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Scientific Classification
Kingdom: Animalia
Phylum: Chordata
Class: Reptilia
Superorder: Dinosauria
Order: Saurischia
Suborder: Theropoda
Family: Coelophysidae
Genus: Camposaurus
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The camposaurus is a carnivorous dinosaur, belonging to the theropod family. Owing to very little fossils of this dinosaur being found and identified for certain, a lot of aspects about this dinosaur remain obscure. The fossils supposedly belong to early to middle Norian age, making the Camposaurus possibly the oldest neotheropod dinosaur. It is related to the Coelophysis and Syntarsus dinosaurs.

The discovery of fossils and identification
Parts of the skeletal remains were found in the Late Triassic rock of Arizona. Only the lower limbs bones of the camposaurus dinosaurs have been identified. The specimen

  • UCMP 34498 was discovered in the Bluewater creek formation of Arizona, in the Placerias quarry. Originally, the site was confused with a another more ancient member of the Mesa Redondo of the Chinle foundation, confusing the creature’s period of existence but paleontologist Bill Parker reported the correction. Owing to the fossils being found in present day Arizona, the scientific name of the camposaurus is C. arizonensis which was named in 1998.The fossils suggest the species were in existence 205 to 210 million years ago.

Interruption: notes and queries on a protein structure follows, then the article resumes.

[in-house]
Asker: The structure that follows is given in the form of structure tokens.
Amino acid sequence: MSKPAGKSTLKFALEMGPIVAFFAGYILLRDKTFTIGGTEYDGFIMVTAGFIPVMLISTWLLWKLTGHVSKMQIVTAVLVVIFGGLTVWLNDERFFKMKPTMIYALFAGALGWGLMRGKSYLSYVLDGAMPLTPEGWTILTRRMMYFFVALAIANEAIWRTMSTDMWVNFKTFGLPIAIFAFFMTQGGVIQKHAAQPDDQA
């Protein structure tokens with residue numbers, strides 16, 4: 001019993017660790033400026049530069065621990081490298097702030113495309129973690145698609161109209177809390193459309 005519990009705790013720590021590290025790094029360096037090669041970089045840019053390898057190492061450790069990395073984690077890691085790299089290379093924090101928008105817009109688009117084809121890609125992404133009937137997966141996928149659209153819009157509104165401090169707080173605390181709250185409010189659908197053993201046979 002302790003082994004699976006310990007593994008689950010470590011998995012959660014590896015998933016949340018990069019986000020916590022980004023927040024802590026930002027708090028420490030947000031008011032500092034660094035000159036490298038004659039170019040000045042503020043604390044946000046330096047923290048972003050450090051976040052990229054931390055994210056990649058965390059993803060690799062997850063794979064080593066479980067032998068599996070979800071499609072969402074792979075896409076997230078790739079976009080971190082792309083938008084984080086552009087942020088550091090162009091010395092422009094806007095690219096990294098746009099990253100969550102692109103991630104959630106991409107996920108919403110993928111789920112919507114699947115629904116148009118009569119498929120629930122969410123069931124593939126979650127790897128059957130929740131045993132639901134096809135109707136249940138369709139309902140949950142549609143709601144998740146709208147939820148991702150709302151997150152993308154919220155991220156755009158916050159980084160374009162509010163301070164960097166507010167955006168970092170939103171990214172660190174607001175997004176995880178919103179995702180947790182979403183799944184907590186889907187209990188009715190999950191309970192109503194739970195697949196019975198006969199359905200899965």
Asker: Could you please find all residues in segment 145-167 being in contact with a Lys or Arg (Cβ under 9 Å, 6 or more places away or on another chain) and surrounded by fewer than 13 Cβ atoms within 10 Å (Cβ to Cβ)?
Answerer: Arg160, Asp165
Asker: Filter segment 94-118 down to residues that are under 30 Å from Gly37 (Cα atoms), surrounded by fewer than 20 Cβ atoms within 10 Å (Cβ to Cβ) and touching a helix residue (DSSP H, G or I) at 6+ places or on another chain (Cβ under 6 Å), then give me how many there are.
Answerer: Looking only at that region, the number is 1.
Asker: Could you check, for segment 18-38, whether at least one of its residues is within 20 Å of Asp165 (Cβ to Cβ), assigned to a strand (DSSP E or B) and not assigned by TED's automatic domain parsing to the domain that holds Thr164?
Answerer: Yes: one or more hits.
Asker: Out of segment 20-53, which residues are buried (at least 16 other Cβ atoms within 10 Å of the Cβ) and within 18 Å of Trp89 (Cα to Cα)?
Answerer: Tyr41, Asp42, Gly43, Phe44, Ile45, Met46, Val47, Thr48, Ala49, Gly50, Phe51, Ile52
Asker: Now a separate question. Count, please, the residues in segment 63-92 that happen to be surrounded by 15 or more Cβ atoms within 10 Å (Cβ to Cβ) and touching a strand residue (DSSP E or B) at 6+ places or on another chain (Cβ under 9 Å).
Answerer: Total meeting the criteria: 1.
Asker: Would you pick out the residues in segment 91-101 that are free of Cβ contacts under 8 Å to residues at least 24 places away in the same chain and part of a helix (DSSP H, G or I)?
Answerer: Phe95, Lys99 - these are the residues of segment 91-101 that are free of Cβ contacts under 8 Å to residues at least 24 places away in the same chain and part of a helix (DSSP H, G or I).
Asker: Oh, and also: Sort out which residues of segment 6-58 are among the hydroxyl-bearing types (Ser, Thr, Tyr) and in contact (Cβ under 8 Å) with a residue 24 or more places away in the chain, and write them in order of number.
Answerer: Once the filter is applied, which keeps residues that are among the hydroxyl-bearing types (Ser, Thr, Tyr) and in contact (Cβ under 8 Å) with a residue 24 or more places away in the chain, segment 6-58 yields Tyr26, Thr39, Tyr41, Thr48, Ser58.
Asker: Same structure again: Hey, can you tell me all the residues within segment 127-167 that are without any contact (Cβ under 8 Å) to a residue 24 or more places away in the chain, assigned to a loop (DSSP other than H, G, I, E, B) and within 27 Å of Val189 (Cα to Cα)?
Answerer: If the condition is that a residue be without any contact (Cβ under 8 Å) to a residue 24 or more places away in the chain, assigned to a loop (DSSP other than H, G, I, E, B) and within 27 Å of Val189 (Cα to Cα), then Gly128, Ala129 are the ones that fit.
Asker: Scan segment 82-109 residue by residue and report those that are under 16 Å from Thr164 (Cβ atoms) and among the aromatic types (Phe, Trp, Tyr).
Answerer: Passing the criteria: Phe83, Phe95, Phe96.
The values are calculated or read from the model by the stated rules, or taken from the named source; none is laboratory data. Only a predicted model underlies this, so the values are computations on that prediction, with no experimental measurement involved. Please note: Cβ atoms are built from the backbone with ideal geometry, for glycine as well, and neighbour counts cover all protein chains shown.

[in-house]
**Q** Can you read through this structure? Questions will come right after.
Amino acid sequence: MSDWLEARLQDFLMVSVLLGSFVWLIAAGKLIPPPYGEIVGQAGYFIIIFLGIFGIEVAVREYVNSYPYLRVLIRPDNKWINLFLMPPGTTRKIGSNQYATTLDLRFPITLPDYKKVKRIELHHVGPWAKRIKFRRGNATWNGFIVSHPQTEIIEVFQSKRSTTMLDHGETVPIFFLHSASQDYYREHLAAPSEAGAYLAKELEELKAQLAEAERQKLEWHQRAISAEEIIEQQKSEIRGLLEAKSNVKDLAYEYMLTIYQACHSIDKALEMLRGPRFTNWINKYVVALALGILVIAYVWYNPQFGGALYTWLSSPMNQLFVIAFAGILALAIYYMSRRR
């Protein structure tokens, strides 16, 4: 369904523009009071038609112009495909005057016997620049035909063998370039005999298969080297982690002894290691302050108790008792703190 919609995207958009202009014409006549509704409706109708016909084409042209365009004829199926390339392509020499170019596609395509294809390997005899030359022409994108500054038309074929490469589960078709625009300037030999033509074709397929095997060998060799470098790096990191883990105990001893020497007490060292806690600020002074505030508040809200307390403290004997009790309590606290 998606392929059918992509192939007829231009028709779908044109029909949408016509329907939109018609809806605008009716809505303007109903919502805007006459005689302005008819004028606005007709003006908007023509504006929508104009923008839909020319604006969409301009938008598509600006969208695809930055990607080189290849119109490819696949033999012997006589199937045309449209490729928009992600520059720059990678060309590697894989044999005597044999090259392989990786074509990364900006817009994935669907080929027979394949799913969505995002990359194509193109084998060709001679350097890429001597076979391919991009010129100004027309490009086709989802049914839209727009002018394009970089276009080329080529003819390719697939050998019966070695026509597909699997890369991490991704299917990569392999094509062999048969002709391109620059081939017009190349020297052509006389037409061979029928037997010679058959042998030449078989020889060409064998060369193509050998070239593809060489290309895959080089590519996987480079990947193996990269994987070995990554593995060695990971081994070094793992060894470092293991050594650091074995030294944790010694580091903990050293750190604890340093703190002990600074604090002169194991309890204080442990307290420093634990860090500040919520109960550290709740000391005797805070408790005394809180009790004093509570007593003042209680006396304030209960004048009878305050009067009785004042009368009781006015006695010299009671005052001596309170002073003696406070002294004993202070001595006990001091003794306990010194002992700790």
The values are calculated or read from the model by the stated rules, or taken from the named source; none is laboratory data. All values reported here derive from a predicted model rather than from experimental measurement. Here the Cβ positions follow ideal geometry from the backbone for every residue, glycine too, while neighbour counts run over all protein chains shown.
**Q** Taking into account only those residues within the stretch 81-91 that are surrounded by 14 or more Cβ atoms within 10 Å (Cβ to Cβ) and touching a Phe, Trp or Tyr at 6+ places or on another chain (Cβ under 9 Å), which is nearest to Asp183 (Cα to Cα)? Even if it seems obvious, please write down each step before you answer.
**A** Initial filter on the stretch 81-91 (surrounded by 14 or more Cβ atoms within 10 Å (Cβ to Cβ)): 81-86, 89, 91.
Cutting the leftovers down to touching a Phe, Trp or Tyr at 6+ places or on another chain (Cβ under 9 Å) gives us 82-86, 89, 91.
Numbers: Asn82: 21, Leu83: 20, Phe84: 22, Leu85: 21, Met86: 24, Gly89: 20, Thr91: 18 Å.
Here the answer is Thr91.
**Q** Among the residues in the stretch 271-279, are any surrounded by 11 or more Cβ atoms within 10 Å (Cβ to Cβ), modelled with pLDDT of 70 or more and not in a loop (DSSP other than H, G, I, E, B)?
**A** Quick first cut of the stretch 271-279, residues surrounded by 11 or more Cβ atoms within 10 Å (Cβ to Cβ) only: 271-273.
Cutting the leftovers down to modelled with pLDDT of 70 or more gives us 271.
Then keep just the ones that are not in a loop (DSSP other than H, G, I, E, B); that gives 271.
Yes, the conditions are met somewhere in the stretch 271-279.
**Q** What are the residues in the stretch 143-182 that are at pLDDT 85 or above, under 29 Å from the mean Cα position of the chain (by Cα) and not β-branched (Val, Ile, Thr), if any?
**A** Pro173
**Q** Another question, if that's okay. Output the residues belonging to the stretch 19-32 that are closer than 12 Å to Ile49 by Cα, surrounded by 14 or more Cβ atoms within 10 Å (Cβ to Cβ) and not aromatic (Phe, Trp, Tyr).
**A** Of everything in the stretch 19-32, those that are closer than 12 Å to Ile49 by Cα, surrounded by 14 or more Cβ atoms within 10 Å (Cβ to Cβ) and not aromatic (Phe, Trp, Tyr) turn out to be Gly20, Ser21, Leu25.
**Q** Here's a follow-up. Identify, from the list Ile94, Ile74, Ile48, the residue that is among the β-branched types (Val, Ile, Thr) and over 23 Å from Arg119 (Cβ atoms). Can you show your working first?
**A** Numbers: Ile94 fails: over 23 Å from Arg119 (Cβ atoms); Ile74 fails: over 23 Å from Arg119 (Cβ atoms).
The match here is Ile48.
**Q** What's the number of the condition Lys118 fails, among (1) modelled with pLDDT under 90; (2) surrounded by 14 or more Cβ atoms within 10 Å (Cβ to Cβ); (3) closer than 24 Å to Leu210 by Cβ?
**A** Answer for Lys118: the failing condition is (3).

The species have so been named after Charles Lewis Camp, who took part in the 1930 excavations at the Placerias quarry and possibly was the discoverer of the holotype specimen that exists today. The name camposaurus is based on “Charles Camp’s Reptile” or “Charles Camp’s Lizard”. Charles Camp was born in Jamestown, North Dakota in 1893 and was interested in anatomy and paleontology since his early days and served as Director of Paleontology at the University of California, USA.

The late Triassic
The late Triassic is the final epoch of the entire 3 epochs from the Triassic period in the geological timeframe. A majority of dinosaurs are believed to have evolved during this period, including the Coelophysis and the Eorapter. It is followed by the lower Jurassic period. The Late Triassic is rich with dinosaur history and much of dinosaurs has been found from fossils that date back to this period.